This entry is part 1 of 4 in the series Immigration Act seminar

From 28 July 2014, the commencement of provisions of the Immigration Act 2014 gives the Secretary of State new powers of certification that will oust “in-country” rights of appeal for foreign criminals. She may do so in any case where she thinks removal would be consistent with the Human Rights Act 1998 and in particular where there is no real risk of serious irreversible harm faced by the deportee (section 94B of the amended Nationality Immigration and Asylum Act 2002).

21st August 2014 By Mark Symes

Out of country deportation appeal certificates and existing appeals

From today the Secretary of State has the power to certify deportation appeals so as to permit them only to be brought from abroad. The power is introduced by section 17 of the Immigration Act 2014, amending into the Nationality, Immigration and Asylum Act 2002 a new section 94B. The Home Office has issued new guidance on both non EEA and EEA deportation cases. As expected, the Home Office intends to certify in cases where there is no “real risk of serious irreversible harm.” I will return to the guidance in a separate post on the subject [here]. Existing appeals can be certified under section 94B. The effect is extremely…

28th July 2014 By Colin Yeo

Difference between domestic and EU law on deportation

The luggage carousel of the tribunal’s reporting committee has spewed forth a fresh batch of cases. Two of them concern deportation, one under domestic primary legislation and the other under European Union law. The facts are very different but the cases illustrate well the stark differences between domestic and EU law on deportation.

17th July 2014 By Colin Yeo

Supreme Court: ILR not resurrected by revocation of deportation order

The Supreme Court has allowed the Secretary of State’s appeal against the Court of Appeal judgment in the case of R (on the application of Fitzroy George) v Secretary of State for the Home Department [2014] UKSC 28. The Court of Appeal’s judgment was previously covered here on Free Movement. To summarise the issues involved, I cannot do better than Lord Hughes, who gives the admirably clear single judgment: If a criminal who previously had leave to remain in this country is liable to deportation because of his offences, but cannot actually be deported because to remove him would infringe his rights under the European Convention for the Protection of…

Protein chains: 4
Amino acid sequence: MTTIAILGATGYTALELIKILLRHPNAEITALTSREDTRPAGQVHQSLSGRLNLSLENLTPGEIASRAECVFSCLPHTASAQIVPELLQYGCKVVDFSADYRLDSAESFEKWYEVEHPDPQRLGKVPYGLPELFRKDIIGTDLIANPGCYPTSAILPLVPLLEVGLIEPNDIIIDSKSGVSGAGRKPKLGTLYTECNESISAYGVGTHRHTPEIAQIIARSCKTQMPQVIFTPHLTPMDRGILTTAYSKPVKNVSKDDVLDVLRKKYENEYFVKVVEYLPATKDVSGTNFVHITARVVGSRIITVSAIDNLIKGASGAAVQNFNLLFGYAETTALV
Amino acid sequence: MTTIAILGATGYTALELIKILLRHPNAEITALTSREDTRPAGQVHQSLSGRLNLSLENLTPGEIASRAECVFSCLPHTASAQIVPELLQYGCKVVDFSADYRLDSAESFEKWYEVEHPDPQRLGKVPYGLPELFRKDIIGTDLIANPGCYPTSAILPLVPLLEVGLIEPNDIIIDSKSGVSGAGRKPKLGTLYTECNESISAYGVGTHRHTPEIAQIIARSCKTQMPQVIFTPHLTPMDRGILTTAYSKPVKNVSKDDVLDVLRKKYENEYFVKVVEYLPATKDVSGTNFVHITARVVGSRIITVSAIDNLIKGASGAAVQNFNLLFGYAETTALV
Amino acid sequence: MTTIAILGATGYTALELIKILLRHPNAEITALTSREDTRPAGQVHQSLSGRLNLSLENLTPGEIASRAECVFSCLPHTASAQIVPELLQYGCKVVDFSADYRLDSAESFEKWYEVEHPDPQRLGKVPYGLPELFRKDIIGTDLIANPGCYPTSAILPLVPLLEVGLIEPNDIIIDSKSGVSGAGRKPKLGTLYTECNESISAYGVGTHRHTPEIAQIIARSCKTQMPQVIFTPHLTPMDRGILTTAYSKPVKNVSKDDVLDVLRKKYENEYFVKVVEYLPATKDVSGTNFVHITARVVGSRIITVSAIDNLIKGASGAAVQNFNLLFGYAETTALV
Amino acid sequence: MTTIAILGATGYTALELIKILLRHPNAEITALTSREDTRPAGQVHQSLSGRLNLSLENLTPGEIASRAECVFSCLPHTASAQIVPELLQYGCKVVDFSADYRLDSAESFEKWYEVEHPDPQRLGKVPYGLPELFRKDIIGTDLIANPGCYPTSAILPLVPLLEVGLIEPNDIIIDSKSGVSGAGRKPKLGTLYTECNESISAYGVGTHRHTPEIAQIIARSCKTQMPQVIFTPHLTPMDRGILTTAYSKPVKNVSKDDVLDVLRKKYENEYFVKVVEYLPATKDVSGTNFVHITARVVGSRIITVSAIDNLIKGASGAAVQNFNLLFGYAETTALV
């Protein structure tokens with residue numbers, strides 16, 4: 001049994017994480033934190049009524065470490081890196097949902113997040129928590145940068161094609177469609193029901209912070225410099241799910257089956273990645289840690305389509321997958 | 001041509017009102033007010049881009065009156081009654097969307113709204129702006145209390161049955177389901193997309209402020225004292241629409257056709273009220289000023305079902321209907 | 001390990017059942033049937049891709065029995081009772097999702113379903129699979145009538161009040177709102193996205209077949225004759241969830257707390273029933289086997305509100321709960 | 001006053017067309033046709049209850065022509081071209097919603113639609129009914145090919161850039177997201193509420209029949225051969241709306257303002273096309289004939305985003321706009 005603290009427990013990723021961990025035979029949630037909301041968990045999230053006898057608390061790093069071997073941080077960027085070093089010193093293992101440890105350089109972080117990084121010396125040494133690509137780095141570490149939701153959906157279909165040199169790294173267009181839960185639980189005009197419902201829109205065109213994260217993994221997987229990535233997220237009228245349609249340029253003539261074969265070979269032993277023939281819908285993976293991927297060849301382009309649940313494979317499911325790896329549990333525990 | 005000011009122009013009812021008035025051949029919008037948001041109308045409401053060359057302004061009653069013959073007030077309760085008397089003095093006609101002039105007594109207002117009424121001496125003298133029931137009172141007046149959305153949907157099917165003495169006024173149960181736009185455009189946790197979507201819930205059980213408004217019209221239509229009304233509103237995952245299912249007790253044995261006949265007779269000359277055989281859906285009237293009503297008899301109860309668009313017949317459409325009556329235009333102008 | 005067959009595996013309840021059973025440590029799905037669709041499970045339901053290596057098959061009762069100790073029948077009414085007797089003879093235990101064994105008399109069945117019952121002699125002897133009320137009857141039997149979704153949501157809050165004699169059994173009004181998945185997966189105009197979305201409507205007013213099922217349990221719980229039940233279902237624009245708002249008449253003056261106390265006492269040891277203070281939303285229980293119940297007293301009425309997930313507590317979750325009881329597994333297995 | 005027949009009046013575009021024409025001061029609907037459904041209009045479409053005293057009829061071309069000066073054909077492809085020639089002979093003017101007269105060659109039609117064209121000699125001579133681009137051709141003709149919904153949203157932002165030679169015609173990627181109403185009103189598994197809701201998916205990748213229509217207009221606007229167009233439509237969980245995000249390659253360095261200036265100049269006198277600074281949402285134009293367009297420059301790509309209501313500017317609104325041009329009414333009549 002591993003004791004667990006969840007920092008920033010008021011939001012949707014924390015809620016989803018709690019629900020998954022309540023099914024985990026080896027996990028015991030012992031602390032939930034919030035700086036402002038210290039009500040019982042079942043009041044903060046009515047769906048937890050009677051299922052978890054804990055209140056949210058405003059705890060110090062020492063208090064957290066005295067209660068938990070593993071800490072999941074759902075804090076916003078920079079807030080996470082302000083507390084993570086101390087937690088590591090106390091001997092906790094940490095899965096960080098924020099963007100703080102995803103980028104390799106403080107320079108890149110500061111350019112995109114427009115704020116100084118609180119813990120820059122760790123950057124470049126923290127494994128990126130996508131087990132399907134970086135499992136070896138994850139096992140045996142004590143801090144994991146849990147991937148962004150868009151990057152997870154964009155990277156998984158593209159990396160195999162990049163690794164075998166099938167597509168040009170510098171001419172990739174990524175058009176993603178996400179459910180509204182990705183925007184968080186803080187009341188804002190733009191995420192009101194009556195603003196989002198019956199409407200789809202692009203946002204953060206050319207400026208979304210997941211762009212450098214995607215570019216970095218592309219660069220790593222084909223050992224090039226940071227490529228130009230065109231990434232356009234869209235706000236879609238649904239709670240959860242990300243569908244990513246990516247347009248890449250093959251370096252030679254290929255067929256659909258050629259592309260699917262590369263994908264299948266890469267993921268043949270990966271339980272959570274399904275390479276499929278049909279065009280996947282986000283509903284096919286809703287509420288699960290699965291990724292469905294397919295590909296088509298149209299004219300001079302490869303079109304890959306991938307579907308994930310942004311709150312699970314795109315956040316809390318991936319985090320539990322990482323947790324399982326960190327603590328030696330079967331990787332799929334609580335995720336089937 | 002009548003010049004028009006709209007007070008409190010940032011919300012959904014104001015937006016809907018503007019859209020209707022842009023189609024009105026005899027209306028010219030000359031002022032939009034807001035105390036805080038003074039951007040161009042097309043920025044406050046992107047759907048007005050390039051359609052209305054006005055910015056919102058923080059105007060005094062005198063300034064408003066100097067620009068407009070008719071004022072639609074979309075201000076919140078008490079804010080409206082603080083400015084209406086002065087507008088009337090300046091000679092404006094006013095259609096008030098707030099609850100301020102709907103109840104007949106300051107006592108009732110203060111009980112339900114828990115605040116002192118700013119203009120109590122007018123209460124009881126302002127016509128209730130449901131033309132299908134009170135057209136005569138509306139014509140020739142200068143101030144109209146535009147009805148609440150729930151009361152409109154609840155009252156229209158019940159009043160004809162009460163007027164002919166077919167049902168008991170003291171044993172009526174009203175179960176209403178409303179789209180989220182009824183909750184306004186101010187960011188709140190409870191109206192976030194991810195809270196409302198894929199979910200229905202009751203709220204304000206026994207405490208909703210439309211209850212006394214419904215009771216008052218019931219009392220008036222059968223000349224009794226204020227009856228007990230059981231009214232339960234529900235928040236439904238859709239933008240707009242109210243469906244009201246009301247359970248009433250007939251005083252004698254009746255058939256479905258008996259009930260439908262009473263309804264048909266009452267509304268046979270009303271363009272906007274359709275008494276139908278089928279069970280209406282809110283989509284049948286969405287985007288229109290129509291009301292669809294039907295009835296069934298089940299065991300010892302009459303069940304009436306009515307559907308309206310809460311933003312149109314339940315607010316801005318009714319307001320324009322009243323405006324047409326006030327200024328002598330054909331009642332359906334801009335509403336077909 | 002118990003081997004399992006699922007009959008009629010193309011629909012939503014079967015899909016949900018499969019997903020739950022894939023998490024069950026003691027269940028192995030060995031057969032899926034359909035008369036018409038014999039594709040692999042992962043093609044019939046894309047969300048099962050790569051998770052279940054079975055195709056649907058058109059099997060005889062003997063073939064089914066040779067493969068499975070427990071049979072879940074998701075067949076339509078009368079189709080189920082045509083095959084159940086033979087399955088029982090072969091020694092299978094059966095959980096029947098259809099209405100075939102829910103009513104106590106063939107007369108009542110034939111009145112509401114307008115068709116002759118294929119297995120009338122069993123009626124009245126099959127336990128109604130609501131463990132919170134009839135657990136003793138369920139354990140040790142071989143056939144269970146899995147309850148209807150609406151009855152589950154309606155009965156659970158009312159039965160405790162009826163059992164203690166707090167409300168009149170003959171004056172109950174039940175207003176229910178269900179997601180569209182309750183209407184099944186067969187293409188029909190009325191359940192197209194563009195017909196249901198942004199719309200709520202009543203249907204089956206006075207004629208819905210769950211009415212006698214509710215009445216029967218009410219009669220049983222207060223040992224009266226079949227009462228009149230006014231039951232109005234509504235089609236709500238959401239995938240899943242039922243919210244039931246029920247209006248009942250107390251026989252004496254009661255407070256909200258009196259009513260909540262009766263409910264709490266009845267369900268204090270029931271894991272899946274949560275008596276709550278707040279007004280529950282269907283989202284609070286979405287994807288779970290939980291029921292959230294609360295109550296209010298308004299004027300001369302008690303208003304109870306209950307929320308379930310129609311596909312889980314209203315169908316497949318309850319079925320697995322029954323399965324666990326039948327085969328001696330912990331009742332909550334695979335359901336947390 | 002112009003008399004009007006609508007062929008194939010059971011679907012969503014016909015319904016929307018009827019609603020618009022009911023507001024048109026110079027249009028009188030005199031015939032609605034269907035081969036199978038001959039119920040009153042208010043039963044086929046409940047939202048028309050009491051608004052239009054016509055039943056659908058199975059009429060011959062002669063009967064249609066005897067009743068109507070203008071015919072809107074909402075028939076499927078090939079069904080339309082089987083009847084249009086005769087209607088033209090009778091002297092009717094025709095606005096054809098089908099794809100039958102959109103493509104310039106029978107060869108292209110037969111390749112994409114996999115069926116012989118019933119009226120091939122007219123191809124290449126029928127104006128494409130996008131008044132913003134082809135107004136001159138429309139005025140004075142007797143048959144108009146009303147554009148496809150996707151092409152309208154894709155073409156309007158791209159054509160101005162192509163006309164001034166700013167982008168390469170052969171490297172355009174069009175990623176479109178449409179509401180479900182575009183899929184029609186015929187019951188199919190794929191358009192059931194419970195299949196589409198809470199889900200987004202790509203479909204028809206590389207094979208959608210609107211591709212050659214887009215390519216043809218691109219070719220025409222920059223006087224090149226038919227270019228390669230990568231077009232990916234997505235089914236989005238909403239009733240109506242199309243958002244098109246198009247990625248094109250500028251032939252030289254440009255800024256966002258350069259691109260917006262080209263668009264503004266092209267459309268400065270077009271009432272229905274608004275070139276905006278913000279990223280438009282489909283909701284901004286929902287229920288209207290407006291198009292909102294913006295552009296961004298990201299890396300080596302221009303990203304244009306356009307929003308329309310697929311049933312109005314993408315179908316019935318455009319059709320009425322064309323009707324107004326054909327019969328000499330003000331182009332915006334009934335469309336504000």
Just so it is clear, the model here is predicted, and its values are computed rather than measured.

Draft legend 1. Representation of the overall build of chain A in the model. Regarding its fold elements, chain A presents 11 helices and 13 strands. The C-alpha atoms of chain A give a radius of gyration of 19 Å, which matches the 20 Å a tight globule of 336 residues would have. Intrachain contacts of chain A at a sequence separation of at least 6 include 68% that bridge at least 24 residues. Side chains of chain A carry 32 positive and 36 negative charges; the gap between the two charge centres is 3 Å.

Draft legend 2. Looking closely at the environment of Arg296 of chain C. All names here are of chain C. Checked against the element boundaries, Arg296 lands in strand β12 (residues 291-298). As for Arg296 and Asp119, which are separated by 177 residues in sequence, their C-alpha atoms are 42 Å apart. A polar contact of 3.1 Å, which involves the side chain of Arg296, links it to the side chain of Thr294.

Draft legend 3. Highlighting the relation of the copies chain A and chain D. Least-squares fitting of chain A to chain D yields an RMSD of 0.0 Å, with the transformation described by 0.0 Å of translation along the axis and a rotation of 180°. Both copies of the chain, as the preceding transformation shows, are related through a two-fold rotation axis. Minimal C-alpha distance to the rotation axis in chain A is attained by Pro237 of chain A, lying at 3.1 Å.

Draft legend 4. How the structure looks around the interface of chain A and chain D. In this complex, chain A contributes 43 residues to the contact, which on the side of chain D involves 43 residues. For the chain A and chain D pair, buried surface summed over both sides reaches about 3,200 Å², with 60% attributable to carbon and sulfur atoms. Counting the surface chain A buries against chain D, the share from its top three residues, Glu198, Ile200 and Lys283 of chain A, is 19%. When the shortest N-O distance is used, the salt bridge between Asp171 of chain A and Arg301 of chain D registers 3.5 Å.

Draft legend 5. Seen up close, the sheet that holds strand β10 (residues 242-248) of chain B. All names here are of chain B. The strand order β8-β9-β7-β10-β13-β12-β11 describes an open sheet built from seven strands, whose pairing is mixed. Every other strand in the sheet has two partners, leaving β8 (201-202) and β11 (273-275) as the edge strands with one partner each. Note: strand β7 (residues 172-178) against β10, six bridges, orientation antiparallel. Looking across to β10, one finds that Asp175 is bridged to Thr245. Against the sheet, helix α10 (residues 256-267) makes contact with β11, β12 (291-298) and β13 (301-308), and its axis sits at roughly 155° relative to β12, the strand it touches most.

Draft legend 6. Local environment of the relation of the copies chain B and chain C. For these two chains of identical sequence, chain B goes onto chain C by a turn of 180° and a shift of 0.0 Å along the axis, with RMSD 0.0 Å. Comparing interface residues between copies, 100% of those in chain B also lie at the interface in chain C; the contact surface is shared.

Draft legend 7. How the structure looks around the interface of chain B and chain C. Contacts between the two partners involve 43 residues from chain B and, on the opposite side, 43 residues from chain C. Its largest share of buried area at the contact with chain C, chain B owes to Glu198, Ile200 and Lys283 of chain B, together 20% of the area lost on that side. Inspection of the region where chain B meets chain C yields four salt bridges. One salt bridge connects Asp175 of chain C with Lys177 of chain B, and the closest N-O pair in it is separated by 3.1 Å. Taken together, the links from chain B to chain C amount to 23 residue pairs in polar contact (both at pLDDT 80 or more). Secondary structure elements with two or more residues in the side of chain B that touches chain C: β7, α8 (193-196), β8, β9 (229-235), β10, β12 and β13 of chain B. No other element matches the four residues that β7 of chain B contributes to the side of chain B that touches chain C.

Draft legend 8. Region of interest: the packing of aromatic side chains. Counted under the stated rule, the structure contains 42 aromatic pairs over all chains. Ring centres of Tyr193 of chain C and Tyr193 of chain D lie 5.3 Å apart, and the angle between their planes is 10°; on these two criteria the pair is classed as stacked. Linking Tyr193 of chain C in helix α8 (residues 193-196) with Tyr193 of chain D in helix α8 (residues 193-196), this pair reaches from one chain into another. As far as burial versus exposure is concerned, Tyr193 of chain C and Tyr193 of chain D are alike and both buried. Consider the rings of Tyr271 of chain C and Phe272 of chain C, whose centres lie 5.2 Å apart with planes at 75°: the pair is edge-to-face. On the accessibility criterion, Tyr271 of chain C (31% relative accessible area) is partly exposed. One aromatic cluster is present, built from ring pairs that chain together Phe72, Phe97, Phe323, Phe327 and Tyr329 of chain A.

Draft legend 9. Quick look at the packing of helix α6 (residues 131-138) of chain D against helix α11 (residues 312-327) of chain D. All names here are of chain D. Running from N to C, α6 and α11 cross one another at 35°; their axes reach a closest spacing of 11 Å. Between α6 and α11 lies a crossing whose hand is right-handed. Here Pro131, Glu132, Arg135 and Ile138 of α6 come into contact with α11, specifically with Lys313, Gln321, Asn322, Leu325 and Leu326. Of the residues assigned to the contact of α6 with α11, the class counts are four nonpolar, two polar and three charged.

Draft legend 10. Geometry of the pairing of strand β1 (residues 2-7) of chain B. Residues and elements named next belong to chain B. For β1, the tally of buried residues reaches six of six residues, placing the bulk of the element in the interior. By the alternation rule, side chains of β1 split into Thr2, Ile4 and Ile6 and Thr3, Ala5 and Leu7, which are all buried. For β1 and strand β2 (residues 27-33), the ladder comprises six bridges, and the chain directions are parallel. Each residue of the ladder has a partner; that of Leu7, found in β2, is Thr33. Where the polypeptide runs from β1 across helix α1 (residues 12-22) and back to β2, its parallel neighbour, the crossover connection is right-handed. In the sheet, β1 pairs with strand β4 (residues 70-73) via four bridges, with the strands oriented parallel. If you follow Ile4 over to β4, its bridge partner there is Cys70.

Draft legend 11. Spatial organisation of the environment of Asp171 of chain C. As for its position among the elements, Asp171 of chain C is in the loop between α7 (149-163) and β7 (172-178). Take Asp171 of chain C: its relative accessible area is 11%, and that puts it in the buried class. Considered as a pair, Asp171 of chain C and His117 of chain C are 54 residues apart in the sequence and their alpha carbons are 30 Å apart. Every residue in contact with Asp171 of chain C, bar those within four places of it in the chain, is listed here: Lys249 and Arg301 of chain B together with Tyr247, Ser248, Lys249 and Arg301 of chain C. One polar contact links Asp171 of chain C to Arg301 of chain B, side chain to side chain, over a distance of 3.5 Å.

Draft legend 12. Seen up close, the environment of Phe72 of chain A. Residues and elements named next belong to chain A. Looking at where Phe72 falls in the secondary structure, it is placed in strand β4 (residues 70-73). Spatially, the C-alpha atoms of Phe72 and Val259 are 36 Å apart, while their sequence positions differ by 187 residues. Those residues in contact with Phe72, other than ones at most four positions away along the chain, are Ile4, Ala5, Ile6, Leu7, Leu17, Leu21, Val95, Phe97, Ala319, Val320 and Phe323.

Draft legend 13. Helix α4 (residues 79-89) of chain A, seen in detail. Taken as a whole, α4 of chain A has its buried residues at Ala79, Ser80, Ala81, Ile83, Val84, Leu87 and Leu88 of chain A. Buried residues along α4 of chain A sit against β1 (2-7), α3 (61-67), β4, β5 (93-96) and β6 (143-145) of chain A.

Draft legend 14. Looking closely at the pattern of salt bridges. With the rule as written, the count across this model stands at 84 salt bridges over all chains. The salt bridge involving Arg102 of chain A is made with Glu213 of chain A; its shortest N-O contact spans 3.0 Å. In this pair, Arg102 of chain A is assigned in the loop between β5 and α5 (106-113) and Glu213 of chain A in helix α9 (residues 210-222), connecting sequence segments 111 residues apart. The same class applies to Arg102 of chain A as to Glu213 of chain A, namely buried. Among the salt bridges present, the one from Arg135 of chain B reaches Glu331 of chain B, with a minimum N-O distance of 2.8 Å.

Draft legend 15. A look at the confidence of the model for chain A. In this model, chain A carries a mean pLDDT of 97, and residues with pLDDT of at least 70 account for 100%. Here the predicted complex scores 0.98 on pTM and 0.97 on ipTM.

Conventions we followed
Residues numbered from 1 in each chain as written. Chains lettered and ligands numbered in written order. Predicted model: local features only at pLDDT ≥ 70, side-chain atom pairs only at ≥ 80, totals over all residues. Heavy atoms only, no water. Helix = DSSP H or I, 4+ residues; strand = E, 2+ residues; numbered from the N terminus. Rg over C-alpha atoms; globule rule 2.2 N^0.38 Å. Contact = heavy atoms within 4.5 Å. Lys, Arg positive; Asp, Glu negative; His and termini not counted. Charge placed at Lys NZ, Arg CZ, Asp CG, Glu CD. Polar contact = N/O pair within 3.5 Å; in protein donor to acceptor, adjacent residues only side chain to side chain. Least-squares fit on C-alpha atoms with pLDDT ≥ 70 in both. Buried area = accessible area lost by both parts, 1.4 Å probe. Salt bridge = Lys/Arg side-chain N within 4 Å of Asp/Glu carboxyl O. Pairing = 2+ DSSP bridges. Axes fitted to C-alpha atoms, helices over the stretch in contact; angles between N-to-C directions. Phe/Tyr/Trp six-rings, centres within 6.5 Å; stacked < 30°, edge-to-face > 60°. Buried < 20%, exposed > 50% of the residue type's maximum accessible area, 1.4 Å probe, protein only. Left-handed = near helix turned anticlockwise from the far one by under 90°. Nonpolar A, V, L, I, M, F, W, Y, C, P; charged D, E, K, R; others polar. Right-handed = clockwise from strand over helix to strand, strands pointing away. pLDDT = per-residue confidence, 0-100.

15th May 2014 By Colin Yeo

Criminals deported to DRC are at risk says High Court

In R (on the application of P (DRC) v Secretary of State for the Home Department [2013] EWHC 3879 (Admin), handed down on 9 December 2013, Mr Justice Philips held that P would be at risk of treatment in breach of Article 3 of the ECHR if deported to the Democratic Republic of the Congo. He stated that he reached this conclusion “with considerable regret” [paragraph 54] but was persuaded by the objective material. The risk does not extend to failed asylum seekers for whom the position remains the same as in BK (Failed Asylum Seekers) DRC CG [2007] UKAIT 00098.

10th December 2013 By Abigail Smith

‘Form not substance’: Deport rules do not change the law

Theresa May spent over a year saying her new immigration rules would weaken Article 8 rights for “foreign criminals” but conceded the point within a day at the Court of Appeal. MF (Nigeria) v SSHD [2013] EWCA Civ 1192 makes clear that the Immigration Rules governing deportation now provide a ‘complete code’ for the Article 8 rights of foreign criminals. But they do not change the substantive law relating to Article 8 proportionality assessments and do not create a legal test of exceptionality for succeeding where the Rules are not met.

22nd October 2013 By Omar Shibli

Vasconcelos (risk- rehabilitation) [2013] UKUT 00378 (IAC)

The tribunal isn’t bound by a NOMS risk assessment report when it isn’t high risk. But is bound when it is high risk. Also the tribunal comes down like a tonne of bricks on a claimant’s representative who failed to comply with procedure rules and directions. We are, I think, yet to see any equivalent regarding serial and chronic Home Office failures.

9th August 2013 By Colin Yeo

Are the UK’s mass deportation charter flights lawful?